conduct—flighty, gushing, blushing, fainting, giggling and shaking their curls. They knew no reserve in the first days of the Victorian era. No thought was held too trivial, no emotion too silly, to express. To Nature everything was sacrificed. Great heavens! And in those barren days what influence was exerted by women? By men they seem not to have been feared nor loved, but regarded rather as “dear little creatures” or “wonderful little beings,” and in their relation to life as foolish and ineffectual as the landscapes they did in water-colour. Yet, if the women of those years were of no great account, they had a certain charm and they at least had not begun to trespass upon men's ground; if they touched not thought, which is theirs by right, at any rate they refrained from action, which is ours. Far more serious was it when, in the natural trend of time, they became enamoured of rinking and archery and galloping along the Brighton Parade. Swiftly they have sped on since then from horror to horror. The invasion of the tennis-courts and of the golf-links, the seizure of the tricycle and of the type-writer, were but steps preliminary in that campaign which is to end with the final victorious occupation of St. Stephen's. But stay! The horrific pioneers of womanhood who gad hither and thither and, confounding wisdom with the device on her shield, shriek for the unbecoming, are doomed. Though they spin their tricycle-treadles so amazingly fast, they are too late. Though they scream victory, none follow them. Artifice, that fair exile, has returned.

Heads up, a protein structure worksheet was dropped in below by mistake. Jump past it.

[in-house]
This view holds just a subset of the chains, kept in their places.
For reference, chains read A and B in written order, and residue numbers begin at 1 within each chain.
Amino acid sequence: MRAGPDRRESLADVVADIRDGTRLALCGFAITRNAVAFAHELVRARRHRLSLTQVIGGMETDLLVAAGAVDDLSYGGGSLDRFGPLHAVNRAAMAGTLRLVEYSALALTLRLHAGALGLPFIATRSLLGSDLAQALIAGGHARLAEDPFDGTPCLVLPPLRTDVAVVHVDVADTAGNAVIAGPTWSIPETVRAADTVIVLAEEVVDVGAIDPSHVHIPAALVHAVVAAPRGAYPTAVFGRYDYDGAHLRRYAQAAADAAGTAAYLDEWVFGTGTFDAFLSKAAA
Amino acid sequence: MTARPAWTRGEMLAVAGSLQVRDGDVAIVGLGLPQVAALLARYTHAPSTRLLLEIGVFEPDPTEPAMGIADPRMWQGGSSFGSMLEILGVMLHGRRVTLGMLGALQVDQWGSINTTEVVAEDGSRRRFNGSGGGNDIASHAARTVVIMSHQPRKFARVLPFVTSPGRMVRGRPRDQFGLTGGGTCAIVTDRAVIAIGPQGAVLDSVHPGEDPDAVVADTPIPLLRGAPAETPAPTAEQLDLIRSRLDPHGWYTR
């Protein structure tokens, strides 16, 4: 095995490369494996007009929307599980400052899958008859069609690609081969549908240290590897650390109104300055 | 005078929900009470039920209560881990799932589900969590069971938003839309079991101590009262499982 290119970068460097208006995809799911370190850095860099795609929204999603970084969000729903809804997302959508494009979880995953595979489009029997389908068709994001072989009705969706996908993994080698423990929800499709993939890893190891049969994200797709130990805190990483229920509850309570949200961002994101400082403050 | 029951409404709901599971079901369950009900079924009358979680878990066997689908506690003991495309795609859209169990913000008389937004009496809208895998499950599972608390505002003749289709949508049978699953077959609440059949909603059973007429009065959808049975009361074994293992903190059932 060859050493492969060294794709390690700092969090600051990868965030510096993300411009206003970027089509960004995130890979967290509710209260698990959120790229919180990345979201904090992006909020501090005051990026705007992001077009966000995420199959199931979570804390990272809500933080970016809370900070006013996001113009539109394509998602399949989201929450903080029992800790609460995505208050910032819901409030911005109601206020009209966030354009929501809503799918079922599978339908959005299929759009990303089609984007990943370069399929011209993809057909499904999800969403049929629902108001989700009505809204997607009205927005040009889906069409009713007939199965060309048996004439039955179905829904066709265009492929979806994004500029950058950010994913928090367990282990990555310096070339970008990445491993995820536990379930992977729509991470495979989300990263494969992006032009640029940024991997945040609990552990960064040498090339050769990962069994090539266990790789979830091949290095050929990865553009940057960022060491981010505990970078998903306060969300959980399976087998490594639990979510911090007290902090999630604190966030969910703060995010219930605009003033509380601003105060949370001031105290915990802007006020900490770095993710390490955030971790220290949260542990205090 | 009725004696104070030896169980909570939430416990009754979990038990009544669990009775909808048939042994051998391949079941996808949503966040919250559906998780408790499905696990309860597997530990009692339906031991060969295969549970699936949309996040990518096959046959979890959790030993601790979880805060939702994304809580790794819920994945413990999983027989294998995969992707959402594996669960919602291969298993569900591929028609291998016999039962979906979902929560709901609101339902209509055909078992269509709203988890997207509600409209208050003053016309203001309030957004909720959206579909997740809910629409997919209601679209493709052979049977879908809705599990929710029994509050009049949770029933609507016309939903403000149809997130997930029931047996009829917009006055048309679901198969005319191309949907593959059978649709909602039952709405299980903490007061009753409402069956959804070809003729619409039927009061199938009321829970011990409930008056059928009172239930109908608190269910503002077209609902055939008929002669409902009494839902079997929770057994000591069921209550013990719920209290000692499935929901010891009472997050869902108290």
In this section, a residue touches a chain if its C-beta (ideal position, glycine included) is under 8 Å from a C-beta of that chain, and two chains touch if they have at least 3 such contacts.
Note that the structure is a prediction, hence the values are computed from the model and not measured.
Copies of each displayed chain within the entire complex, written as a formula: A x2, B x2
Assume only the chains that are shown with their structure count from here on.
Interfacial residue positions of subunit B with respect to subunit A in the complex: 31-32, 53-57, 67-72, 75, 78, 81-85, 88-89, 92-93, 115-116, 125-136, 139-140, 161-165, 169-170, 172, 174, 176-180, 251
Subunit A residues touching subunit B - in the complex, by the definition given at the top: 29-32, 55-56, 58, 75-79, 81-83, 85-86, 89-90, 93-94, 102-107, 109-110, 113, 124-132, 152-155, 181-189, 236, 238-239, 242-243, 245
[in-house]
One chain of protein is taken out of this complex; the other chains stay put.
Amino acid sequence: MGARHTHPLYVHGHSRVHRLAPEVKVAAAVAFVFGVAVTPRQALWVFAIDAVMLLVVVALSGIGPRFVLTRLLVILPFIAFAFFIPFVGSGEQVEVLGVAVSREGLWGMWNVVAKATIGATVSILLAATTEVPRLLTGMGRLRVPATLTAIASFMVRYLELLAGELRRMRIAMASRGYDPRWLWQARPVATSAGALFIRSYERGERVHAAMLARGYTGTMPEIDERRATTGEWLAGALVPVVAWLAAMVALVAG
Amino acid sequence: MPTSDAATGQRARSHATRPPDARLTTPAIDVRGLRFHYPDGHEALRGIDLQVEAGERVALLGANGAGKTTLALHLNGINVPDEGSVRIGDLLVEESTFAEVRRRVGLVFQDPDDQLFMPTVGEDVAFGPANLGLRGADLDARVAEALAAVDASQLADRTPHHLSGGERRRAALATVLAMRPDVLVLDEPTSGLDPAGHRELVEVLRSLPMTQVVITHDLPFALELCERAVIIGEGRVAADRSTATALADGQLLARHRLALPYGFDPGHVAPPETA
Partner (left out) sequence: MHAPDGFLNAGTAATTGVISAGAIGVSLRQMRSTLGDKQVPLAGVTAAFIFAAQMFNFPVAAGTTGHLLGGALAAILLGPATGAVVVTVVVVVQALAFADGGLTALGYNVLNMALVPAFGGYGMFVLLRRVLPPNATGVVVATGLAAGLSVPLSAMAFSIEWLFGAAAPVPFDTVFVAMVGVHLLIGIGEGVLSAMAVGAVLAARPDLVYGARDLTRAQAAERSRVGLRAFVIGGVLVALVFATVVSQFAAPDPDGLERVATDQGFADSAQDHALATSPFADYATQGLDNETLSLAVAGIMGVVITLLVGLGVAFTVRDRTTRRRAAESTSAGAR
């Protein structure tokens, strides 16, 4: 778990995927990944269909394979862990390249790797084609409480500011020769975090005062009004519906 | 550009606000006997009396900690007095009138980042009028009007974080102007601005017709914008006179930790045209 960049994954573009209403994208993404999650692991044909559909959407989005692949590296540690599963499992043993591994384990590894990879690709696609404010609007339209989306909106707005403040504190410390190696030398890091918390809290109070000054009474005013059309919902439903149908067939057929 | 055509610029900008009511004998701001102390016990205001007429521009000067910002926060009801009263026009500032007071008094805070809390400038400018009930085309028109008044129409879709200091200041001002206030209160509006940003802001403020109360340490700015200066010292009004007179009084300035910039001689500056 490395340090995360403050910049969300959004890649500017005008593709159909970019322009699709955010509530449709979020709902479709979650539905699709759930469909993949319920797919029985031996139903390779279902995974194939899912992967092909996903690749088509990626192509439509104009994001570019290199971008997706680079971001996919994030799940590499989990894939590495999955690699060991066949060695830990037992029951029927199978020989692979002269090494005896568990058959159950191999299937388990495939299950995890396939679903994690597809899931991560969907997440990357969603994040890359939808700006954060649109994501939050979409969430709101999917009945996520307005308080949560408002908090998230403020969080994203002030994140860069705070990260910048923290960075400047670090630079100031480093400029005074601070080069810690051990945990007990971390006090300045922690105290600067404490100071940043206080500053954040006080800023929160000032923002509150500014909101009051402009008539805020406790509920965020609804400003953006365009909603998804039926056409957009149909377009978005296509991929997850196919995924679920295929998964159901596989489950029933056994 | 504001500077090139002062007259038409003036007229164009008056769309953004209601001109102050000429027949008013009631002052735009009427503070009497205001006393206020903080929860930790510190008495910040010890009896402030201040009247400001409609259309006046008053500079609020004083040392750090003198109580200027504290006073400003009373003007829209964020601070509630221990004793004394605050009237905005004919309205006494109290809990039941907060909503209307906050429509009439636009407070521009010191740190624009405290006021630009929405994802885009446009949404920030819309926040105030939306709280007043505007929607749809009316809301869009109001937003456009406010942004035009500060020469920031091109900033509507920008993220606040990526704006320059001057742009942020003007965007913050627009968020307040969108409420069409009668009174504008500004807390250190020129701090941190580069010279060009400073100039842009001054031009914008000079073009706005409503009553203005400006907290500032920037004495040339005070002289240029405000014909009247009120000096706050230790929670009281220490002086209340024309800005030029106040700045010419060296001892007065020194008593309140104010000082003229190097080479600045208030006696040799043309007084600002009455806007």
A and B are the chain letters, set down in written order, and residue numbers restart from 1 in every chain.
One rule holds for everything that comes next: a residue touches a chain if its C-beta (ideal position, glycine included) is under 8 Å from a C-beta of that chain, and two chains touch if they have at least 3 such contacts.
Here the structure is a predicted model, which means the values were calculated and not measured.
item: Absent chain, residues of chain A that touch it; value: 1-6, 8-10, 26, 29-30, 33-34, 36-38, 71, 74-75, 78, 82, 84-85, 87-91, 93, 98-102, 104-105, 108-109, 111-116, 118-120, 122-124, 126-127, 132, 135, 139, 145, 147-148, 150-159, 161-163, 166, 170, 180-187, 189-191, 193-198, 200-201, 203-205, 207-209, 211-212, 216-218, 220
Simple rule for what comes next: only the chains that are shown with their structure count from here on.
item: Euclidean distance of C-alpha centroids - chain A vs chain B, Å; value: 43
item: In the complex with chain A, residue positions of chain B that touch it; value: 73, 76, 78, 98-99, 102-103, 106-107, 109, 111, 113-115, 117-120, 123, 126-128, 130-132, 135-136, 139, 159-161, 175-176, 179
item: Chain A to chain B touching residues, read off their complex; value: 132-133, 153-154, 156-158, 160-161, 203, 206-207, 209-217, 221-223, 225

Yes, though the pioneers know it not, they are doomed already. For of the curiosities of history not the least strange is the manner in which two social movements may be seen to overlap, long after the second has, in truth, given its deathblow to the first. And, in like manner as one has seen the limbs of a murdered thing in lively movement, so we need not doubt that, though the voices of